Japanese Cabinet Minister Denies Involvement In Crypto Exchange Dealings
Japan’s Minister for Internal Affairs & Communications and Minister in charge of Women’s Empowerment was pressed on the issue of her involvement with an unregistered cryptocurrency exchange, which was allegedly violating the Japanese fund settlement law. Seiko Noda flatly denied any such intention July 19, telling reporters the meeting was aimed at getting “an overall general account of cryptocurrency exchanges.”
Noda also stated that she had “no vested interest in the company in question” and the decision by her office to request a briefing “obviously does not amount to exerting pressure.” She added that she was not present when the meeting was held Jan. 30.
The Development So Far
In January, the Financial Services Agency (FSA) reportedly suspected a Tokyo-based company of violating the law by operating a non-registered cryptocurrency exchange. The FSA requested a written response to its concerns from the company, arguing that it did not respond by the deadline given, it would report the matter to investigate authorities and take necessary steps.
The document obtained by the Asahi Shimbun reportedly revealed that several days after issuing the warning, Noda’s office contacted the FSA, asking for an explanation of what had happened.
This event, according to some sources, concerns a meeting Noda’s office held with the FSA regarding the alleged company in the presence of the company’s representative. Noda reportedly denied that she brought pressure upon the FSA investigation, telling the Asahi Shimbun that the purpose of the meeting was to get an overall general account of cryptocurrency exchanges.
A senior official at the FSA emphasized that Noda’s office request for a briefing could be recognized as pressure:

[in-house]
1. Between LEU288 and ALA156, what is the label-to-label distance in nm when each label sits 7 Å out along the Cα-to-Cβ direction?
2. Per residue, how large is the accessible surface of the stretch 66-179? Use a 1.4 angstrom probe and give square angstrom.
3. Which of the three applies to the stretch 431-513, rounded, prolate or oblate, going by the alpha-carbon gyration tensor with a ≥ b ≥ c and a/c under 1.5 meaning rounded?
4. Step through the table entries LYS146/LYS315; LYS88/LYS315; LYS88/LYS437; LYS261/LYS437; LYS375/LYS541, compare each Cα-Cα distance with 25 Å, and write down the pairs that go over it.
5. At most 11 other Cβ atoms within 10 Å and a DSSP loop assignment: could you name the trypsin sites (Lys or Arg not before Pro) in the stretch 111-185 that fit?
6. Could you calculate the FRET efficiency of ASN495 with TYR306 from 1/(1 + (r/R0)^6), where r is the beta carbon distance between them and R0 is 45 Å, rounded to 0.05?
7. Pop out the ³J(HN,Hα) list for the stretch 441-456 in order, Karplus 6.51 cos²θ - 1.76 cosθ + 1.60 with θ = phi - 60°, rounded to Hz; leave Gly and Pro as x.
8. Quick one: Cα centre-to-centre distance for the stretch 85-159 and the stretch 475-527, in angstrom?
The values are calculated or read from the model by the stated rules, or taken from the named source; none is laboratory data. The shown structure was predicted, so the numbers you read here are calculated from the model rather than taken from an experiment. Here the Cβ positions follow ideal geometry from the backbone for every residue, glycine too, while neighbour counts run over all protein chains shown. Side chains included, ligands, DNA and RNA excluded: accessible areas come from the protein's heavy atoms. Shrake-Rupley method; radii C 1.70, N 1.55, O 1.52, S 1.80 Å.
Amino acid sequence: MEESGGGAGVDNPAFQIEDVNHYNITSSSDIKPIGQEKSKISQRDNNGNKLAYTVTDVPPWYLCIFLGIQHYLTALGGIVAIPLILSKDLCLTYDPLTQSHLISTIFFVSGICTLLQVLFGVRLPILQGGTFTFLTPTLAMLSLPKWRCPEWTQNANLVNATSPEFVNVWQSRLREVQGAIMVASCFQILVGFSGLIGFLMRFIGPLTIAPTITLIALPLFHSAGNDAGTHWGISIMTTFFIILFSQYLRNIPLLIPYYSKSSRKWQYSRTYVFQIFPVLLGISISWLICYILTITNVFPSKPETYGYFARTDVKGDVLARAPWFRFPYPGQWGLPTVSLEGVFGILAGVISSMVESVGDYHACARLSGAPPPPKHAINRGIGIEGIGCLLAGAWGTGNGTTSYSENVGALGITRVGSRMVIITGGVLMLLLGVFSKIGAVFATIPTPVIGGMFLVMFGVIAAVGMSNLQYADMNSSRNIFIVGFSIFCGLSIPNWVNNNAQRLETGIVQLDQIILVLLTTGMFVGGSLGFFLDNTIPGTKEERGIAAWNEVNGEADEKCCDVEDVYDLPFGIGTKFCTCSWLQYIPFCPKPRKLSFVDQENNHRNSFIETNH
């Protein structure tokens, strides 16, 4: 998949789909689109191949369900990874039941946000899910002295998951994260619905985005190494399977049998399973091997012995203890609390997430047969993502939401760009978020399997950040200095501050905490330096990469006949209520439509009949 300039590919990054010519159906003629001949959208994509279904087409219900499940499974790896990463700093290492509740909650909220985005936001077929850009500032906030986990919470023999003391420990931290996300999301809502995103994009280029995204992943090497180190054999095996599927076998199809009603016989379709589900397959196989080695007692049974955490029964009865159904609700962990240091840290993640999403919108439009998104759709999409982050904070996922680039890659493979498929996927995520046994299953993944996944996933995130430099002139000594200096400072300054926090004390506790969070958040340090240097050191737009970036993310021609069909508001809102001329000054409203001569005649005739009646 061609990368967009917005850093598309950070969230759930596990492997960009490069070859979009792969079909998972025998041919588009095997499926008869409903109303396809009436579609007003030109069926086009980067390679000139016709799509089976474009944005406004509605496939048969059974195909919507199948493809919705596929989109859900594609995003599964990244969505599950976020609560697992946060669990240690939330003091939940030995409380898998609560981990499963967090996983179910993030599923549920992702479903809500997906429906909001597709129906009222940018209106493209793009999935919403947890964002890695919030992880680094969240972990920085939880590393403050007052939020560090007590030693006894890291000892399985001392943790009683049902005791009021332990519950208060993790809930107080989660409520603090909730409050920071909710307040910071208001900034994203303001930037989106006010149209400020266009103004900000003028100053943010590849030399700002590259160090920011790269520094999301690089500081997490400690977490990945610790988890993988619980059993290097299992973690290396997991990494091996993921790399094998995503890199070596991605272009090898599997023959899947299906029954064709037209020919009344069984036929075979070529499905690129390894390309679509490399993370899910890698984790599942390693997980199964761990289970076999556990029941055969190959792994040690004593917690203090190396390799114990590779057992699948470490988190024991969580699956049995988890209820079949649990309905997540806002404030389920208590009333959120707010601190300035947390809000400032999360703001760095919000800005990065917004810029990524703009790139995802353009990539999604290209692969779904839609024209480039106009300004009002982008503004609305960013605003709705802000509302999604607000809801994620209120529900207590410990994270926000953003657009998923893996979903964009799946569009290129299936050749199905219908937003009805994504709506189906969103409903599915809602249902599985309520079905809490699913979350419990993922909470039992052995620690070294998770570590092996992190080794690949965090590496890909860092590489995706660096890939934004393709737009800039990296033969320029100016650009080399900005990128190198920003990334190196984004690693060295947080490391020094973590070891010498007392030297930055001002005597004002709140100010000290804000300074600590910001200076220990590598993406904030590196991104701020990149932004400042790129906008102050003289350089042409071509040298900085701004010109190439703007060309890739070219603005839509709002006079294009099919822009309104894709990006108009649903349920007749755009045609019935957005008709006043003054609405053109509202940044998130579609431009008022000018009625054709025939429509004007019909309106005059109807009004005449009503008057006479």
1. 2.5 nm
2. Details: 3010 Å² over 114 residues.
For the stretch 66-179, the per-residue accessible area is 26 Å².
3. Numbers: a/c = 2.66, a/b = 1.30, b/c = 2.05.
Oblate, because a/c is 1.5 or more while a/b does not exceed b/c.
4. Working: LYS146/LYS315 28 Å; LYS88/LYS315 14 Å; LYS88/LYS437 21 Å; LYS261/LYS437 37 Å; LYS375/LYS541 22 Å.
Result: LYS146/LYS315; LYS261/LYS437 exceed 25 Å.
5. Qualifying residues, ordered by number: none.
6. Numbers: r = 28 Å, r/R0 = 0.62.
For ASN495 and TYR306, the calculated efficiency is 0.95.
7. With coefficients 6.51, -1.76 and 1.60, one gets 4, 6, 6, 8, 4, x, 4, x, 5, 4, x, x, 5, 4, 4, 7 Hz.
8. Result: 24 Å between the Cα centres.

“A public servant will likely take it as pressure if an aide to a sitting Cabinet member calls for a meeting in which an employee of a company the agency is looking into is also present.”
Subsequently, Noda publicly admitted to having her aide present at the meeting, adding:
“My aide and the employee of the company know each other. Since we received a request for details of the regulations concerning cryptocurrency exchanges, we arranged [for a meeting with the agency]. I was not aware of the agency’s warning against the company.”
An agency official visited Noda’s office at the Diet members’ office building on Jan. 30 to explain to Noda’s aide and the representative of the company under investigation the FSA’s stance on regulations concerning funds raising by issuing cryptocurrency and other matters, according to the sources.
Noda is not the first Diet member to make inquiries into a government agency involved in an investigation. In 2012, Kozo Yamamoto, a member of the Liberal Democratic Party of the Lower House, raised questions in the Diet concerning an investigation by the Securities and Exchange Surveillance Commission into allegations of insider trading involving an acquaintance of his.
In another case in 2017, an aide to Jiro Hatoyama, an LDP member of the Lower House, requested a briefing from the National Tax Agency about a tax inquiry concerning a company the aide had dealings with.